Myostatin (MSTN) was first discovered during screening for novel members of the transforming growth factor-β (TGF-β superfamily). MSTN is a potent negative regulator of muscle growth [167]. Beneficial effects on metabolism, adiposity, and insulin sensitivity have been found with low levels of MSTN. There was elevated muscle glucose utilization and insulin sensitivity linked to increased lean mass and diminished fat mass in MSTN-null mice and in mice treated with a soluble receptor to MSTN, namely activin receptor type IIB (ActRIIB). MSTN leads to receptor mediated phosphorylation of Smads 2 and 3, and binds to Smad 4. Increased Smad2/3/4 signaling inhibits the Akt/mTORC1 pathway, thus leading to protein degradation and muscle atrophy (Figure 1) [168,169,170].
Mutations in MSTN cause significant hypertrophy and/or hyperplasia in developing animals [167]. The inhibition of MSTN induced by gene manipulation or neutralizing antibodies improves sarcopenic obesity by increasing skeletal muscle mass and improving glucose homeostasis [1]. Moreover, when MSTN is inactivated, activation of AMPK, which leads to increased lypolisis, elevated fatty acid oxidation in peripheral tissues, and a high expression of brown adipocyte markers in white adipose tissue [171,172].
Overexpression of the MSTN propeptide and sequestration of the active peptide enhances skeletal muscle glucose disposal due to increased muscle mass, implying that additive or synergistic mechanisms are in operation [14]. Although the inhibition of MSTN activity as a therapeutic approach has not been effective, the use of antisense-mediated destructive exon skipping is being evaluated. It seems to preserve muscle mass in a mouse model of Duchenne muscular dystrophy [173].
MSTN inhibition induce a reduction of fat in obesity and osteoporosis and has also been suggested for other diseases in which cachexia is present such as cancer, acquired immune deficiency syndrome (AIDS), obstructive chronic pulmonary disease, and renal failure [174]. Moreover, there was no amelioration in muscle strength or function in muscular dystrophy patients in one phase I/II trial of a MSTN antibody [175]. There were also no important improvements in muscle strength by MSTN inhibition in muscular dystrophy patients in another study, although there was an amelioration in muscle function at a cellular level [176].

5.7. Urocortins

The central nervous system and peripheral tissues express neuropeptide ligands for the corticotrophin-releasing factor receptor 2 (CRF2R) known as urocortins (Ucns). This family of proteins plays different roles in metabolic functions, adaptive stress being one of them. Modulation of CRFR2 or its ligands may improve muscle mass and metabolism by activating the hypothalamic–pituitary–adrenal (HPA) axis [177]. Skeletal muscle has high levels of Ucn2 and CRFR2 [178]. Knockout mice for Ucn2 or Crfr2 are resistant to diet-induced obesity and Ucn2 knockouts have increased muscle mass [179,180]. Overexpression of Ucn3 also results in mice with muscular hypertrophy [180]. Short-term overexpression of Ucn3 in rat muscle increased glucose disposal, elevated levels of glucose transporter expression, and phosphorylation of both AMPK and insulin signaling molecules. Muscle mass increased afterwards in these mice [181].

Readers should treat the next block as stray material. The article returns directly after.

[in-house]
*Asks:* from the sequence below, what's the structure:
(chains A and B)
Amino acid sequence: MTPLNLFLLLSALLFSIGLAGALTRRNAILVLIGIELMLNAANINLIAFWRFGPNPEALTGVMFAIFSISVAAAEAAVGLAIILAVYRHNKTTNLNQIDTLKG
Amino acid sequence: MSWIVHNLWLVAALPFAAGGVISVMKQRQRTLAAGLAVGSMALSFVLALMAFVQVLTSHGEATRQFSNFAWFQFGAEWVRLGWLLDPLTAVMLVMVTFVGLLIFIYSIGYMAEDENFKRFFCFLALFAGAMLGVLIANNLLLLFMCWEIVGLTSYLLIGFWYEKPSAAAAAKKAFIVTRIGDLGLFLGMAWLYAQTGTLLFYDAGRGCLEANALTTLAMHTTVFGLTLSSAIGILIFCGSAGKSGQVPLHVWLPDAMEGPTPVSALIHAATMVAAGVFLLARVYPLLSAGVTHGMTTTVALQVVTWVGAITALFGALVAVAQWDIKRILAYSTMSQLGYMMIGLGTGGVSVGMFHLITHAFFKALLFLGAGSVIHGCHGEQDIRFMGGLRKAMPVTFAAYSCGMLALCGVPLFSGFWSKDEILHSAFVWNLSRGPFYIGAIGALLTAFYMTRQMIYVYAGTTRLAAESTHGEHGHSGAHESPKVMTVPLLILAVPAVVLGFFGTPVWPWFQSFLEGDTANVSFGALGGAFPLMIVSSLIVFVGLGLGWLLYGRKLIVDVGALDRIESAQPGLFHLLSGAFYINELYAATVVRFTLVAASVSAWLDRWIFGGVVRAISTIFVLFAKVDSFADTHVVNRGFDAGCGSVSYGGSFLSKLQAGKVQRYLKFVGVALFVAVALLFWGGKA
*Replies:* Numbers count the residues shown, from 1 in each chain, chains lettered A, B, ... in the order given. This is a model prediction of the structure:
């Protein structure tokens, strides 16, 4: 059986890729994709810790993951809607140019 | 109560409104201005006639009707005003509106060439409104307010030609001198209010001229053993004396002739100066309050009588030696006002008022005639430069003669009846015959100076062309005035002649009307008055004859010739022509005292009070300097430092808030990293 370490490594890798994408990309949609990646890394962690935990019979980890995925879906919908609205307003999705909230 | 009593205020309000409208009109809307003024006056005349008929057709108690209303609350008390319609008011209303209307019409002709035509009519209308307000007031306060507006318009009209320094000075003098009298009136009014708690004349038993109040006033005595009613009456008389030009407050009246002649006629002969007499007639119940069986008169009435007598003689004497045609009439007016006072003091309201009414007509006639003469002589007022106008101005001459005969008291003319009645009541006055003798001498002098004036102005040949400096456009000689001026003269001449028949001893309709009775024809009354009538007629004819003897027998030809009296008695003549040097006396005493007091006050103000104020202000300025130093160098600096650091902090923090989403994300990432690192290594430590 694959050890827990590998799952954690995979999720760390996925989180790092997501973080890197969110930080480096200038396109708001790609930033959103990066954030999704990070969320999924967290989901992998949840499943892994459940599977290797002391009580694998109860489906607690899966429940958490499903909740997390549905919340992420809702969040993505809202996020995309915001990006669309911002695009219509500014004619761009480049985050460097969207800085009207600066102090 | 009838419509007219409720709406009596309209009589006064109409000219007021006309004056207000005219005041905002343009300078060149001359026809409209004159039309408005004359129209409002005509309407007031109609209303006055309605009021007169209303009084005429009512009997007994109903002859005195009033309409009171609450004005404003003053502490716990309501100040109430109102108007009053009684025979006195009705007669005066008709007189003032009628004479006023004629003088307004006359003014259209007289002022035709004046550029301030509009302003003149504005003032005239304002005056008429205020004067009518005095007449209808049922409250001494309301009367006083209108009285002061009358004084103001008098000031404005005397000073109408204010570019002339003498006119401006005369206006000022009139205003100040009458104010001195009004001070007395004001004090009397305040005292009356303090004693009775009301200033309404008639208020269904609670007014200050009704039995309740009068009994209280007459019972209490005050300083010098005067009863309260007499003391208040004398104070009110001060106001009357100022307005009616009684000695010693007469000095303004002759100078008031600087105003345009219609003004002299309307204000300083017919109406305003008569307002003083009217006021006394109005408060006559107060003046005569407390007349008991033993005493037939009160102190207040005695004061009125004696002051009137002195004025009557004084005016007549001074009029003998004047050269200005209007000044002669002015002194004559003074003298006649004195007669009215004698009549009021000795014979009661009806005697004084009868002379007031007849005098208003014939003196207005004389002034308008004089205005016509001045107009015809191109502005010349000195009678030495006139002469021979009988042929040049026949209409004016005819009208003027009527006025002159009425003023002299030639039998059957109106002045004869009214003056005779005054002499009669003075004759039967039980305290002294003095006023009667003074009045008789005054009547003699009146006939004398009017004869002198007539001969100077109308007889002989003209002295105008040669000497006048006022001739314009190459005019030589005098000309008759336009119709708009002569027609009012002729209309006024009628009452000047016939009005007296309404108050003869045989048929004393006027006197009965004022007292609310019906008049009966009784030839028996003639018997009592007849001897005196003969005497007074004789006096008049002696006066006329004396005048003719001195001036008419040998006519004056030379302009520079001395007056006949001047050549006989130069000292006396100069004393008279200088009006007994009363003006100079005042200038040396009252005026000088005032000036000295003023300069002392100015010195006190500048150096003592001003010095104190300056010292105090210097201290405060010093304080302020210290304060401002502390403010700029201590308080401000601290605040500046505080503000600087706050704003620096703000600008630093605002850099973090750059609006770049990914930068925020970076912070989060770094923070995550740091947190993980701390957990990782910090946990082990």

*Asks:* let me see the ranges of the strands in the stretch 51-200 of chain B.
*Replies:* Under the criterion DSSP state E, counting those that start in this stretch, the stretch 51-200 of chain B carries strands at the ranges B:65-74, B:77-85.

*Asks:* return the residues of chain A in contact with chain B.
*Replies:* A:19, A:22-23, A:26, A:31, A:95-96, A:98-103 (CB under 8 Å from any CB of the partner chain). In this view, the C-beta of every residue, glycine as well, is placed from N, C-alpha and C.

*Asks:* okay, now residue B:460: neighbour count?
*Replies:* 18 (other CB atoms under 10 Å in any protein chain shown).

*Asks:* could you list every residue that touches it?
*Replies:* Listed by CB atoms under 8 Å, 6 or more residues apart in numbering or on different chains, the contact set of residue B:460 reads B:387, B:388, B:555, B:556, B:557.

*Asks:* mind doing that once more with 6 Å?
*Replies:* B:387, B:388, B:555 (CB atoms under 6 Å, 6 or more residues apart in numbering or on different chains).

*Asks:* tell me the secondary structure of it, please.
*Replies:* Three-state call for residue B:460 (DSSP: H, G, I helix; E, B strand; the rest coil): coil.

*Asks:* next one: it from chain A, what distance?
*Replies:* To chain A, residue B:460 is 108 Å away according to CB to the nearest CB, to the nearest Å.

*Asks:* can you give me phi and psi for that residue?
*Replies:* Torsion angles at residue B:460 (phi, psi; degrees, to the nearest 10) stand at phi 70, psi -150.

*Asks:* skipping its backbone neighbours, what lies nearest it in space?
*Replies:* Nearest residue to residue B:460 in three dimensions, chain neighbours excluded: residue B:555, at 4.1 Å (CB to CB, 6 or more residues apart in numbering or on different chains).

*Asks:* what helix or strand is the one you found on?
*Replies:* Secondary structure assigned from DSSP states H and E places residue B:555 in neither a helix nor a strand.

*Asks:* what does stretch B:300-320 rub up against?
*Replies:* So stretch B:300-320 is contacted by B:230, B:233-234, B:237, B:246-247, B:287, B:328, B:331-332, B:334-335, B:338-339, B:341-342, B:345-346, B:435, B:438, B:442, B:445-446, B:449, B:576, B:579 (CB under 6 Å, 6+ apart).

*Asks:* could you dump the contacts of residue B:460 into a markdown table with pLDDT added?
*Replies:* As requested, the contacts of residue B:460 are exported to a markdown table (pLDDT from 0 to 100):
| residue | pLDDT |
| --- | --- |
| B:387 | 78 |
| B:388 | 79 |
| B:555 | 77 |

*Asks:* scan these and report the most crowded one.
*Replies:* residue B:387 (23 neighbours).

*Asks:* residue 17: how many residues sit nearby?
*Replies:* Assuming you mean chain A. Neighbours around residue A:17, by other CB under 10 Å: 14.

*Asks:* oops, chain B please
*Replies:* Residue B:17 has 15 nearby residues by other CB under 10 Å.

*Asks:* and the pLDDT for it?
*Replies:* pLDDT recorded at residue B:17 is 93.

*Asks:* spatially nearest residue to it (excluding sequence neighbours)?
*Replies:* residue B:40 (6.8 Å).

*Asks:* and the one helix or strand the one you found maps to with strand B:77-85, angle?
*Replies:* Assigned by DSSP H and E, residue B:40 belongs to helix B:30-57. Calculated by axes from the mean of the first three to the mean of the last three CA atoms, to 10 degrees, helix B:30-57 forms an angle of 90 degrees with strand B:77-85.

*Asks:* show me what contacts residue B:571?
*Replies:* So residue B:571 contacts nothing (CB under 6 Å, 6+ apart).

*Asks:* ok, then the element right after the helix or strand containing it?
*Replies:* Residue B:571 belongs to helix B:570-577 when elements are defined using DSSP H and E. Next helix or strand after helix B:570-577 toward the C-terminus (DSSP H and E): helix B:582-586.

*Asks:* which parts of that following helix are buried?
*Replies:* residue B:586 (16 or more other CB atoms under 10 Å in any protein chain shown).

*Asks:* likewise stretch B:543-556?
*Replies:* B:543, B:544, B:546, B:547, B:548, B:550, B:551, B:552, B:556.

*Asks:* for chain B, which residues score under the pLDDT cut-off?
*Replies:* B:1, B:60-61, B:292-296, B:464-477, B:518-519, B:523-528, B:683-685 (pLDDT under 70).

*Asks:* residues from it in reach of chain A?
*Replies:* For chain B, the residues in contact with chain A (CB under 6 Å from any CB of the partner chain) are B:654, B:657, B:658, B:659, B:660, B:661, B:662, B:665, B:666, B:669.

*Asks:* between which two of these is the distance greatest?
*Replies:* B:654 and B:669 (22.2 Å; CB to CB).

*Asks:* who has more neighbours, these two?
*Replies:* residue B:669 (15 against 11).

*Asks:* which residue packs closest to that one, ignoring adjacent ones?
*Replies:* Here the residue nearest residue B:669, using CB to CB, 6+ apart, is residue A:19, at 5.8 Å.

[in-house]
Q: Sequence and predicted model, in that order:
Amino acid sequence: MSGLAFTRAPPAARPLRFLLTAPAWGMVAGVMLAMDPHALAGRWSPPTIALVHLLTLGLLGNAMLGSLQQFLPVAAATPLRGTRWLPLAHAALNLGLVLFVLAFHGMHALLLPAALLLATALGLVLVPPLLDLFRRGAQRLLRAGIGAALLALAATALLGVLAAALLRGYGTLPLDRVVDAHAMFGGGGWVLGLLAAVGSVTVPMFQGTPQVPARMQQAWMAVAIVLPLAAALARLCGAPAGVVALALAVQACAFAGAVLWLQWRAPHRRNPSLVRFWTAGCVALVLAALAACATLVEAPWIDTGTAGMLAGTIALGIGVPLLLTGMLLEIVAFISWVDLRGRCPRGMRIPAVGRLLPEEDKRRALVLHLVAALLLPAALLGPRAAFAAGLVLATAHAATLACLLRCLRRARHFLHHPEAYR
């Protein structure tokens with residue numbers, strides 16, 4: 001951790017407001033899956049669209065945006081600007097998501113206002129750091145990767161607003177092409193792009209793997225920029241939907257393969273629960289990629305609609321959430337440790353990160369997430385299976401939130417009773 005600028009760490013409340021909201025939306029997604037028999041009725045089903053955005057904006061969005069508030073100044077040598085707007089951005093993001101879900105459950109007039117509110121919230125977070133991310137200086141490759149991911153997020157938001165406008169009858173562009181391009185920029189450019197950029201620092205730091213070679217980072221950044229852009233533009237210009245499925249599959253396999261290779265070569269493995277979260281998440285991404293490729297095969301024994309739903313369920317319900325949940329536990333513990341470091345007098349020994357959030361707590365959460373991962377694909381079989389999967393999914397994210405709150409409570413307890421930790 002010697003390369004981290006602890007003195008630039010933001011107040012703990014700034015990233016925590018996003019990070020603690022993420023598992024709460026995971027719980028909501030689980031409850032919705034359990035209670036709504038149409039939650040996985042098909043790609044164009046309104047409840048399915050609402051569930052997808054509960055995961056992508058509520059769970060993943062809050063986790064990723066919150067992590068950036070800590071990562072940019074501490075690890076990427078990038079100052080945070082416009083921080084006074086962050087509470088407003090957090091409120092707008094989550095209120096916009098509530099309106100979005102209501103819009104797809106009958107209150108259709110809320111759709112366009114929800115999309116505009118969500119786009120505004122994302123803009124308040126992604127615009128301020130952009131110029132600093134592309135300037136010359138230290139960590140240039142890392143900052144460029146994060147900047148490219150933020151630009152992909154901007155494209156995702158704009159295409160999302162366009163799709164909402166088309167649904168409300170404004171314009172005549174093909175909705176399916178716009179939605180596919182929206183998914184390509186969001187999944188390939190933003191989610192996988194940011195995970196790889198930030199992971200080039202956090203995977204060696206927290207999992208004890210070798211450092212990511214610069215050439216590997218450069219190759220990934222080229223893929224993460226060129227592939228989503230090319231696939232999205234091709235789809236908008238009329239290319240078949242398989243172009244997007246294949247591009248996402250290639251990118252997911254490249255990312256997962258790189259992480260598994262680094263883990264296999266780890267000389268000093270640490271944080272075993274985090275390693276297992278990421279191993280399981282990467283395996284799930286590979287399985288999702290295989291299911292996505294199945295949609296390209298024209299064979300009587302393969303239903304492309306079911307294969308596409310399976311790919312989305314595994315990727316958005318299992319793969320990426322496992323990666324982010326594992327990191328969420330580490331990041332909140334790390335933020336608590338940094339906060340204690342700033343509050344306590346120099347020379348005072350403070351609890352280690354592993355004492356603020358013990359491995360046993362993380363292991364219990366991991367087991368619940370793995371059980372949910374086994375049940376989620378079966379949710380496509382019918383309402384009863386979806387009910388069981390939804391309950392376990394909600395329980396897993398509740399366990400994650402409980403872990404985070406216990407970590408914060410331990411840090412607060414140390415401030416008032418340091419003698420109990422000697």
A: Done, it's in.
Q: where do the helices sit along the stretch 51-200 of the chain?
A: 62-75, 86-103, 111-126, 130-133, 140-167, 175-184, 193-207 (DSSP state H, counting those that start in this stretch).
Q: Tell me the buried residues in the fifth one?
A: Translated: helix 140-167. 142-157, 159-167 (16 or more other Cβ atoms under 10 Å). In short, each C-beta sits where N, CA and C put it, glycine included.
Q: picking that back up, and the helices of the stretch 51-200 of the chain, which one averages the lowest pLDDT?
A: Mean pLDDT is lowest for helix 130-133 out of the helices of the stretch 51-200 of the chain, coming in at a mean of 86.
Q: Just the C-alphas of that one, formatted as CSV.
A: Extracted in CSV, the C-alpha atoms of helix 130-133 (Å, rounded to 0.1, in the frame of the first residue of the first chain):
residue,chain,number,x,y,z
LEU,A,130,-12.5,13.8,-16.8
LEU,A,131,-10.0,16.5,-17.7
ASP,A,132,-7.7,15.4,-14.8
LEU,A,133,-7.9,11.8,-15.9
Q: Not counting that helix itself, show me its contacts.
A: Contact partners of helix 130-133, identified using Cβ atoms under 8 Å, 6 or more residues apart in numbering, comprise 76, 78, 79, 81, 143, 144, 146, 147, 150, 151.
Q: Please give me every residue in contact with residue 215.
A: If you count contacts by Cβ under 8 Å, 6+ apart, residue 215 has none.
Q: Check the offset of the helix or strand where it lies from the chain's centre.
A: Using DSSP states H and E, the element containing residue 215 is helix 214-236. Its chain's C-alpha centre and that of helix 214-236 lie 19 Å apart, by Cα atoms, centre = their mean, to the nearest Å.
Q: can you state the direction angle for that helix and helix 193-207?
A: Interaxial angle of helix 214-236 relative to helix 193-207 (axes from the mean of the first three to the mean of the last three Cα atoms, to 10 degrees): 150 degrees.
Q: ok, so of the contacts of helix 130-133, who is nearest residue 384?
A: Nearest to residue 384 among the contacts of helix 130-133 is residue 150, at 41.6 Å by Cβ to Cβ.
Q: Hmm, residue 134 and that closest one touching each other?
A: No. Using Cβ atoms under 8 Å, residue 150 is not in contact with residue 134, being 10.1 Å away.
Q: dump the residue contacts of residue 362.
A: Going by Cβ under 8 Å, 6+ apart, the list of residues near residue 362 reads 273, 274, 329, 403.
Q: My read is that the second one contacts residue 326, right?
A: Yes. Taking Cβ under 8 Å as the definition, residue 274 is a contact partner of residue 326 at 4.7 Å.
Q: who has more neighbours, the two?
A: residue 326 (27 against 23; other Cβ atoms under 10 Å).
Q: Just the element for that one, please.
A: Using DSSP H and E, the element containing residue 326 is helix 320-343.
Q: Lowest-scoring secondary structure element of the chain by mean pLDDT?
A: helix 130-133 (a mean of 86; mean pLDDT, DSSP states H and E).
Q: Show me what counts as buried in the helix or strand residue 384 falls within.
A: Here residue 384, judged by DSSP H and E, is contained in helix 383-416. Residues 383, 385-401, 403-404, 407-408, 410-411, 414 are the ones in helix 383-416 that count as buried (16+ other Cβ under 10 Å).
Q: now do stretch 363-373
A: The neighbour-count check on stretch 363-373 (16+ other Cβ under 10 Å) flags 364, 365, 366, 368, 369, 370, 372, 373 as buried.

Since Ucns or CRF2R agonists have potentially beneficial effect in preserving skeletal muscle mass/function in a cachexia state linked to other diseases, such as cancer, it would be desirable to test their use for the treatment of sarcopenic obesity.

5.8. Vitamin D

One of the new roles described for vitamin D is the maintenance of muscle mass and insulin sensitivity [182]. Although dietary insufficiency of this vitamin impairs muscle strength as a result of hypophosphatemia in rats; in humans, contradictory results have been obtained [183]. Insulin sensitivity either improves or is unaffected by vitamin D supplementation [184,185]. Vitamin D supplementation was reported to increase muscle fiber size in immobile older women; however, supplementation in individuals with vitamin D deficiency improved muscle strength, but not muscle mass [186,187]. In knockout mice for the vitamin D receptor (Vdr), there was reduced muscle size, impaired motor activity, and abnormal muscle development [188,189]. In addition, Vdr-null mice are leaner, but insulin resistant [190]. The relationship between vitamin D status and frailty is largely mediated by the development of sarcopenia. A minimum serum 25-hydroxyvitamin D level of 75 nmol/L is proposed for frail elderly patients and the doses necessary to reach this target are between 800 and 2000 IU/day [191]. Thus, the protective role of vitamin D for sarcopenic obesity remains unclear and studies in order to establish a role for vitamin D on the treatment of sarcopenia are still needed [192].

5.9. Angiotensin 1–7 and Angiotensin-Converting Enzyme Inhibitors

The renin–angiotensin system (RAS) is an important regulator of skeletal muscle mass. The classical axis (angiotensin (AT) II, angiotensin converting enzyme (ACE), AT1 receptor, and AT2 receptor) and the non-classical RAS axis (angiotensin 1–7, ACE2, and Mas receptor), have been found in skeletal muscle and could play a role in the regulation of muscle function by a differential expression of the biochemical and/or metabolic features of the fibers [193].